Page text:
What Makes The Lord's Church Different?

 

Don Martin
Clute, Texas

When we refer to the "Lord's church," we have reference to the church you read about in the New Testament. By "different" we mean unlike, separate and distinct. I submit that the Lord's church is radically different from all the numerous man-made churches. What makes Jesus' church different?

The founder of the Lord's church? The church of the New Testament does have a unique founder – the sinless Son of God. "And I say also unto thee," Jesus stated to Peter, "that thou art Peter, and upon this rock I will build my church; and the gates of hell shall not prevail against it" (Matt. 16:18). Charles Russell, Henry VIII, or John Wesley did not build the New Testament church; the Lord did! Certainly, then, the Lord being the founder of his church makes the Lord's church separate and different from the many human originated churches. However, I do not believe this is what really makes the Lord's church different.

The origin of the Lord's church? Jesus' church had her beginning in Acts 2 about the year 30 A.D. Jesus had promised that He would build His church and that the church or kingdom would come into existence in the life span of those whom He addressed in the setting of Mark 9: 1. When we consider the origins of current denominations (1520 A.D., 1534 A.D., 1607 A.D., etc.) we are made to appreciate the separateness of Jesus' church. Nonetheless, I do not believe this is the thing that really distinguishes her.

The designations applied to her? The church Jesus founded did not and does not wear human names or designations. For example, there was the church of God at Corinth (I Cor. 1:2) and the churches of Christ referred to by Paul (Rom. 16:16). Lutheran, Episcopalian, and Methodist were designations unknown to the apostolic period. Admittedly, scriptural designations set Jesus' church apart from the others. Notwithstanding, I still do not believe this is the distinctive characteristic.

The public worship in which she engaged? As you study your New Testament you find the Lord's church partook (1) of the Lord's Supper on the first day of the week (Acts 20:7; every week, cf. Acts 2:42), (2) engaged in singing psalms, hymns, and spiritual songs (Eph. 5:19), (3) gave of their means (1 Cor. 16:1,2), (4) engaged in prayer (Acts 4:31), (5) and had unadulterated preaching (Acts 20:7, cf. 2 Tim. 4:1-5). The members (Christians) worshiped daily by leading a life of holiness (2 Cor. 7: 1). 1 do not, however, believe ,_this is the primary difference which makes her unlike other religions.

The way the church financed her work? As we study denominationalism we f1hd most denominations financed by a number of carnal, secular methods. There are pie suppers, bingo games, raffles, distilleries, real estate investments, ad infinitum. The church of the New Testament, beloved, was only financed by the Lord's Day offerings of the members (I Cor. 16:1,2). Nevertheless, I do not believe we have found the paramount difference.

Guarded fellowship? Unquestionably, the first century church practiced guarded fellowship (1 Jn. 1:6,7; 2 Jn. 9-11; 2 Thess. 3:6). We acknowledge that guarded, controlled scriptural fellowship is peculiar to Jesus' church, but we still are not persuaded guarded fellowship is the decided difference.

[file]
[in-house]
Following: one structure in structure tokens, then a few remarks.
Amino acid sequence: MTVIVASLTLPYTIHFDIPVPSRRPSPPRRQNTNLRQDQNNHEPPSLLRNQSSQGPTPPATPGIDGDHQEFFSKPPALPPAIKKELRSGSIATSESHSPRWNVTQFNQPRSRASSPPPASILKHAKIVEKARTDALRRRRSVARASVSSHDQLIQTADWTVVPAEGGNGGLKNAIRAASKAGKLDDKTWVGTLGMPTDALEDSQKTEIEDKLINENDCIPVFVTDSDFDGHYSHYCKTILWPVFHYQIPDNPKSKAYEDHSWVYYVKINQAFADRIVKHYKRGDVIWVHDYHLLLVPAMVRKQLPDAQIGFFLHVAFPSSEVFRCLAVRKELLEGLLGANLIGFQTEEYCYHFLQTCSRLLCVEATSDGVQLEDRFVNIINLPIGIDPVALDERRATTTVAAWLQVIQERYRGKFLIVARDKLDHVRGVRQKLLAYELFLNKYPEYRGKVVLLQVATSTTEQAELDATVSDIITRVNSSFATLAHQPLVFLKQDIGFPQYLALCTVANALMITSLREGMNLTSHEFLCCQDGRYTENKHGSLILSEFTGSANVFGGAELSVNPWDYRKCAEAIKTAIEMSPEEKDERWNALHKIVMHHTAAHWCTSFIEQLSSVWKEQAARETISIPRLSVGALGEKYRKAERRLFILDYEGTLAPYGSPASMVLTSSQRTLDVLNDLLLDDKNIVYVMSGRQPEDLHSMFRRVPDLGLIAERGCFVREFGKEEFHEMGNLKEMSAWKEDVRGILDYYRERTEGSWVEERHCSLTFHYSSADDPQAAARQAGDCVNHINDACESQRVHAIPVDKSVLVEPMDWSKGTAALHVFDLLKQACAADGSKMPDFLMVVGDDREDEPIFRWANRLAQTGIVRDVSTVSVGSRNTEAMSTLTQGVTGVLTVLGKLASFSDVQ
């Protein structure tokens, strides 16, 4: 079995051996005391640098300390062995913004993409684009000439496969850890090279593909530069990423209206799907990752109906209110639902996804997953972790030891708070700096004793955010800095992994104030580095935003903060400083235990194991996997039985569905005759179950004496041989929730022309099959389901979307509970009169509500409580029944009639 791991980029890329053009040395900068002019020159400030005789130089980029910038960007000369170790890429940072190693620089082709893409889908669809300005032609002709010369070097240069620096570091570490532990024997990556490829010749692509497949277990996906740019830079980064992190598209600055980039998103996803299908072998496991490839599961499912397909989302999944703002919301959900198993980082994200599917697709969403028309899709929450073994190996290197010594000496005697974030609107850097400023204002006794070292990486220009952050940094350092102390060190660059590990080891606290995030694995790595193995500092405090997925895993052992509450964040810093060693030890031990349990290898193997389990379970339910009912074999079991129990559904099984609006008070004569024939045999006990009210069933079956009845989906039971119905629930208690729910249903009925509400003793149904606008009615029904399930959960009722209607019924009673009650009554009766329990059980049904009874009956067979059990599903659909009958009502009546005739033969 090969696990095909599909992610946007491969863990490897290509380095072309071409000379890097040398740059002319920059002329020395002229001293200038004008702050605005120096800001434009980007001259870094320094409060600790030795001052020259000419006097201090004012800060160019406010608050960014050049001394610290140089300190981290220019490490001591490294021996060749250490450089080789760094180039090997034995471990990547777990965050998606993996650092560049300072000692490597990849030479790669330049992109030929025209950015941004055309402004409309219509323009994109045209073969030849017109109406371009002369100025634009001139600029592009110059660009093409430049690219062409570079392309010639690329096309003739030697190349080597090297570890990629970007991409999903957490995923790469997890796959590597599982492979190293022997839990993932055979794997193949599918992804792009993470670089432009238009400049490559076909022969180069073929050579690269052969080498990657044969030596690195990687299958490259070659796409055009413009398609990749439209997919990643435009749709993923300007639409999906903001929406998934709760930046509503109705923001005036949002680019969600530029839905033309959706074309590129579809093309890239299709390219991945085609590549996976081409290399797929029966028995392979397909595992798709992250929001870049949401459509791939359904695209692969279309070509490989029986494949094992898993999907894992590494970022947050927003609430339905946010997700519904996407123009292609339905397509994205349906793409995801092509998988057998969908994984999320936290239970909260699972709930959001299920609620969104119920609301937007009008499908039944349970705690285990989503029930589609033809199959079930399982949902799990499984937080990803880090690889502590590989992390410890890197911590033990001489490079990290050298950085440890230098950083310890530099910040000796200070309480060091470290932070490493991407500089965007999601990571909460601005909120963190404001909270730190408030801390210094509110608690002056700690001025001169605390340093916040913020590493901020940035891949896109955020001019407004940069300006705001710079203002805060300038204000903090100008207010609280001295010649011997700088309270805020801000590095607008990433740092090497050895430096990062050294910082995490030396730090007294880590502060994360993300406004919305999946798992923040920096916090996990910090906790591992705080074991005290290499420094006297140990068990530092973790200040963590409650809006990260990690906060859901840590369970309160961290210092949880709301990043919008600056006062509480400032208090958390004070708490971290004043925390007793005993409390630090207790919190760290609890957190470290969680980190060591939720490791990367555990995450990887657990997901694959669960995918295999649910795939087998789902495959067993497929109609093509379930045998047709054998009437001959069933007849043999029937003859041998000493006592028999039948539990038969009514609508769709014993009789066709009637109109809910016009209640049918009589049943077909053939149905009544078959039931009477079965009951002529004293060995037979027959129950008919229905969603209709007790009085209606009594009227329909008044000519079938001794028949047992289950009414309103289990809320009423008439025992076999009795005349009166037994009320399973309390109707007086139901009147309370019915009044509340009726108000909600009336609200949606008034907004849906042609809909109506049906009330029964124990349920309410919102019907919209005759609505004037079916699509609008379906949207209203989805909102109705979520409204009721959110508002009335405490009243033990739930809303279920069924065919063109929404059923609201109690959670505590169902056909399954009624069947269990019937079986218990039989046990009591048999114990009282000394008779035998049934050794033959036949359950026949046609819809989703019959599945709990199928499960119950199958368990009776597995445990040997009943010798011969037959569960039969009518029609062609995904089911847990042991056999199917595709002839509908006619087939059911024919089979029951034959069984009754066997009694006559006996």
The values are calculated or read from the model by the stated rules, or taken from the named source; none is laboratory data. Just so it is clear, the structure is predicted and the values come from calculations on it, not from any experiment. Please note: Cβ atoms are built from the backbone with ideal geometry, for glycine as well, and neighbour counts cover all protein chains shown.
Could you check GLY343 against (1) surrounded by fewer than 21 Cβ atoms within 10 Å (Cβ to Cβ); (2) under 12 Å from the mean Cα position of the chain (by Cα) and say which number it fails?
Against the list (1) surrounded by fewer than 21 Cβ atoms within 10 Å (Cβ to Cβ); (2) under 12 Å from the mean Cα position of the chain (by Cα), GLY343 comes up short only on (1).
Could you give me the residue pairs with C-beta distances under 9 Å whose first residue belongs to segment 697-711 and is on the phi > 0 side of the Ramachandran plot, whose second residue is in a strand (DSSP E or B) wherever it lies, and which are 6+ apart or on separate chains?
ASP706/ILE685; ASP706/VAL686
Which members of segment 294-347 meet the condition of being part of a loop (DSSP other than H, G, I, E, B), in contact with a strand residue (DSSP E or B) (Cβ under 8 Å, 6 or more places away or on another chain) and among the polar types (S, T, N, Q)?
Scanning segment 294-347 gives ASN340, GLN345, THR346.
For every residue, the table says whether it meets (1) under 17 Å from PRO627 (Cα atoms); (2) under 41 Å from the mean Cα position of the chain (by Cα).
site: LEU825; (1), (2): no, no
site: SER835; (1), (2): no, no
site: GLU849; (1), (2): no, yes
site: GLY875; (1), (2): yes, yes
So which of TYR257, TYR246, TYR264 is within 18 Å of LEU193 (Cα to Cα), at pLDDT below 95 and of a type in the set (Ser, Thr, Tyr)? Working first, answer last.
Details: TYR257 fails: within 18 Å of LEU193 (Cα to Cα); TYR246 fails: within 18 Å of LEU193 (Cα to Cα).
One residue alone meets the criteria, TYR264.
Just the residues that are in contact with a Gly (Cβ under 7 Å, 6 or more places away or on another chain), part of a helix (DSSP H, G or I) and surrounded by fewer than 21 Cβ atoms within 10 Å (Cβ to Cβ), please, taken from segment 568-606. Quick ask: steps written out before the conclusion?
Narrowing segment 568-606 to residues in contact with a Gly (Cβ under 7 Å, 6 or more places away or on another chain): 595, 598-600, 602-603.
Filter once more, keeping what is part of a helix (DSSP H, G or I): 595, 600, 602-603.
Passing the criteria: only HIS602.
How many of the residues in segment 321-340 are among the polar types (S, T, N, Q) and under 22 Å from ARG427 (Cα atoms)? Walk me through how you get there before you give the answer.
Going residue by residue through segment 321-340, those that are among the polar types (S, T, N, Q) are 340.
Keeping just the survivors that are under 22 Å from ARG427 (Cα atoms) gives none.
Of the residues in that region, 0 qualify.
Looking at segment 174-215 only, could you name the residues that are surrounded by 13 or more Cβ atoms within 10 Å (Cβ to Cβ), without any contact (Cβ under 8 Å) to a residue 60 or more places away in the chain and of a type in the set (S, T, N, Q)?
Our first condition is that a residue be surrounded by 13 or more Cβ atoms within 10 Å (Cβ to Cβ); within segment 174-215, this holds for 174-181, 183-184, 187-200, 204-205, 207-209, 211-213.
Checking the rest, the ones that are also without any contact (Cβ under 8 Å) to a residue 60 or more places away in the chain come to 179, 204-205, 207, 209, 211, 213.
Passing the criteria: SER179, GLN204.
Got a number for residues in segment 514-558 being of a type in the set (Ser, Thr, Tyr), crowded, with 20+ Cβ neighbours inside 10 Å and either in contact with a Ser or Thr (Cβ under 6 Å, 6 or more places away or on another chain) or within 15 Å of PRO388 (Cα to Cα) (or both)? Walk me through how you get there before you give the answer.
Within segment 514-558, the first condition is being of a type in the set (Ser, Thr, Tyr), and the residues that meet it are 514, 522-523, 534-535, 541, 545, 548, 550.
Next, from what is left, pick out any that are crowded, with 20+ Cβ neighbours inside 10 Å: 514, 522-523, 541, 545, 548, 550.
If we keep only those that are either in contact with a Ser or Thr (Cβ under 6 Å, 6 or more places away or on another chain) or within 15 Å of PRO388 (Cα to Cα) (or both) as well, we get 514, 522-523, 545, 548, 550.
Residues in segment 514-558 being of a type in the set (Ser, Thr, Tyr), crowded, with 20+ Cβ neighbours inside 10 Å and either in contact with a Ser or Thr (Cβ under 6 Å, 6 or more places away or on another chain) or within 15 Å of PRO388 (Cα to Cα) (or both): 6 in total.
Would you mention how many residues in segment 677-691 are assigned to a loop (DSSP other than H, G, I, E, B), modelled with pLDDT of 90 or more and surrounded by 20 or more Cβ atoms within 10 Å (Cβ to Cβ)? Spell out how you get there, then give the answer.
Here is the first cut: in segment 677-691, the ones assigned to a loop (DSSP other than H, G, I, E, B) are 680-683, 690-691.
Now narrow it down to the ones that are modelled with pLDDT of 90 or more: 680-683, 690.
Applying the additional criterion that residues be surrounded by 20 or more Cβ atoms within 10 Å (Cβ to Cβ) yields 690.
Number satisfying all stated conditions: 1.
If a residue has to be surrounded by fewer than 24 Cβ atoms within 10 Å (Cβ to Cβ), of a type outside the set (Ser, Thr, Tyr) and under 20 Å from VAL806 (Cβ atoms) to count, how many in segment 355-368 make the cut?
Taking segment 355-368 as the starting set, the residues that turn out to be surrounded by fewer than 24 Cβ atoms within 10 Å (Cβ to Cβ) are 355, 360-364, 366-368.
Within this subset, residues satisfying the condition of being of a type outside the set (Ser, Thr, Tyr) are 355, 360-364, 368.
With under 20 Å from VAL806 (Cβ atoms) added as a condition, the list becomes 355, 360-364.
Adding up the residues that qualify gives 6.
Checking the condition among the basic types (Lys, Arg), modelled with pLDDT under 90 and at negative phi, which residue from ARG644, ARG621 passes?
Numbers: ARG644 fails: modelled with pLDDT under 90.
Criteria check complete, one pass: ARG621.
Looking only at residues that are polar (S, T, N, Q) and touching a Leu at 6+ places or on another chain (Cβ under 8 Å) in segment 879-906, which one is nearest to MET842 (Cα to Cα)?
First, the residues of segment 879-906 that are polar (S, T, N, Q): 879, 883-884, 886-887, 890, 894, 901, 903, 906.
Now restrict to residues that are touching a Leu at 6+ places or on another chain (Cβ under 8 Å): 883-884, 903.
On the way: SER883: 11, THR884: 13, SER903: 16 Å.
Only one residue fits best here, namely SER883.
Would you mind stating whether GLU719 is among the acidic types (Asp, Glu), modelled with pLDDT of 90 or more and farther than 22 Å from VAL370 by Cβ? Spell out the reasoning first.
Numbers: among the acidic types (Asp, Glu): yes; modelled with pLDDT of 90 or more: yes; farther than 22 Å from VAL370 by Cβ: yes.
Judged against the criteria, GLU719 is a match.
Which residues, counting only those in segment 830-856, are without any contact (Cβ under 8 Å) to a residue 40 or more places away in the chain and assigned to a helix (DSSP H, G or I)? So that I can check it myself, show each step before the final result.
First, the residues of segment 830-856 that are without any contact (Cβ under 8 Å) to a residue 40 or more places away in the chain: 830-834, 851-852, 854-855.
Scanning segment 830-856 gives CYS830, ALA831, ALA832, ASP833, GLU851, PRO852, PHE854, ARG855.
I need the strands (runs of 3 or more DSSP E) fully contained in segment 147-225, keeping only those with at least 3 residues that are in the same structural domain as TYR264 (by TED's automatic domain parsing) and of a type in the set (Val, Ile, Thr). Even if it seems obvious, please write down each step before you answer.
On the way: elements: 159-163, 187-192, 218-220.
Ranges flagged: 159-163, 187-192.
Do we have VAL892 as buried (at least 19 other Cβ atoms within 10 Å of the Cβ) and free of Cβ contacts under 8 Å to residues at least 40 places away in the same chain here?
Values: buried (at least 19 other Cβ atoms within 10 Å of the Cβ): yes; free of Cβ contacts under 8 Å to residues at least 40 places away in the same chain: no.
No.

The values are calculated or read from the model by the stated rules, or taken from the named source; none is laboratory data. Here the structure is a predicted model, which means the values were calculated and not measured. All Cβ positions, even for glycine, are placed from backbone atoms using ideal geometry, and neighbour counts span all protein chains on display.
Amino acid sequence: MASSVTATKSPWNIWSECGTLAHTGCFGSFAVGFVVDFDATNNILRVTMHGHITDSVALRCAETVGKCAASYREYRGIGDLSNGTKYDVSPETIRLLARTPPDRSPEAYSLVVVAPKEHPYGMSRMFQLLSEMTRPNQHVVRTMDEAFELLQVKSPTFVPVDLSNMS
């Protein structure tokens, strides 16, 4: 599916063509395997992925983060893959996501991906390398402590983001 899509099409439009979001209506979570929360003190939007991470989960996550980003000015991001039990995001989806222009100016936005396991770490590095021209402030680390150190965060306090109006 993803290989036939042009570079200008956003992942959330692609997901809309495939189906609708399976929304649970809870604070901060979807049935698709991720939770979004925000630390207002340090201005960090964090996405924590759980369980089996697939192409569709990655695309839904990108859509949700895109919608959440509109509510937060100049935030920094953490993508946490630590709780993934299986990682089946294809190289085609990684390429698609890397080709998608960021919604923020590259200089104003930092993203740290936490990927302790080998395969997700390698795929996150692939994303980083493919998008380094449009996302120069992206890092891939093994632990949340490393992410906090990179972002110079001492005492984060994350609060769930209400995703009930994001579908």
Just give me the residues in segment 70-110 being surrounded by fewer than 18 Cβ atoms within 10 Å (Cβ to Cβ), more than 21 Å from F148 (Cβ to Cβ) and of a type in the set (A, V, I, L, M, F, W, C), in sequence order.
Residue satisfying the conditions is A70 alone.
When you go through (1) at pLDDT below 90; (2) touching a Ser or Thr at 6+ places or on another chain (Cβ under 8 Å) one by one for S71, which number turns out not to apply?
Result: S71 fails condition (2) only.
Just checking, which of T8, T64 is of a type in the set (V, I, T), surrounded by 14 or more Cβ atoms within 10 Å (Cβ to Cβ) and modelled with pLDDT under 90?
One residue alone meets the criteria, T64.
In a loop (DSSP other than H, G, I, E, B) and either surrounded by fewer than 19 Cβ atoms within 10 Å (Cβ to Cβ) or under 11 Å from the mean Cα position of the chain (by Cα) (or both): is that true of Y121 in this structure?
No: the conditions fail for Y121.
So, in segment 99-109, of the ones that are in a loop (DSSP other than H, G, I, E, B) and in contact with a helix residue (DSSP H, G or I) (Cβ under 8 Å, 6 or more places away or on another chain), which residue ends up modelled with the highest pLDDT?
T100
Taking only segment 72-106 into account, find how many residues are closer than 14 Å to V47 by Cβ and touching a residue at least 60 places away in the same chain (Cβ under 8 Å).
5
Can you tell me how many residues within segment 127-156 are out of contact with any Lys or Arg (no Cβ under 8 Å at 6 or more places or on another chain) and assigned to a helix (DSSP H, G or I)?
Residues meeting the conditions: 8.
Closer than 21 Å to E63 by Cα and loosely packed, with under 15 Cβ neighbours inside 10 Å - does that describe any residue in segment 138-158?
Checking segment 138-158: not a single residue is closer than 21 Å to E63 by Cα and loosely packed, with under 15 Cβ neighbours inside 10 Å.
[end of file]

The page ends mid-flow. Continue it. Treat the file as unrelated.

The plan of salvation which she teaches? The plan of salvation as presented in the word of God – belief, repentance, confession, baptism for remission of sin – is only taught by the Lord's church (Jn. 8:24; Acts 17:30; Rom. 10: 10; Acts 2:38). The denominations teach faith only, baptism because of salvation, etc. While the plan of salvation the church of Christ taught and teaches makes her radically different, I do not believe this is the unique peculiarity which separates her.

While all of these foregoing characteristics of the New Testament church set her apart, there is one feature, actually an idiosyncrasy, which is more directly responsible for her separateness than anything else – her insistance upon having a thus-saith-the-Lord for everything she believes and practices (cf. Matt. 28:18; Col. 3:17; 1 Thess. 5:21; Acts 3:22,23; 2 Jn. 9-11). "And hath put all things under his feet," Paul teaches regarding Christ and his church, "and gave him to be the head over all things to the church . . ." (Eph. 1:22).

Beloved, the reason Jesus' church wears scriptural designations, teaches the true plan of salvation, and practices guarded fellowship is because of her conformity to the doctrine of Christ. Denominationalism, quite plainly, is not concerned about New Testament authority. They believe what they do and practice what they do because it is convenient, feels good, or simply what they want to do! Conversely, the church for which our Lord shed His blood seeks to do all they do in the name of the Lord (by His authority, cf. Acts 4:7,12), and speak as the oracles of God (Col. 3:17; 1 Pet. 4:11). This determination to have book, chapter, and verse for everything believed and practiced makes her peculiarly and radically different. What happens when she ceases to demand authority? She ceases to exist and simply becomes another "sectarian order" like all the others around her!

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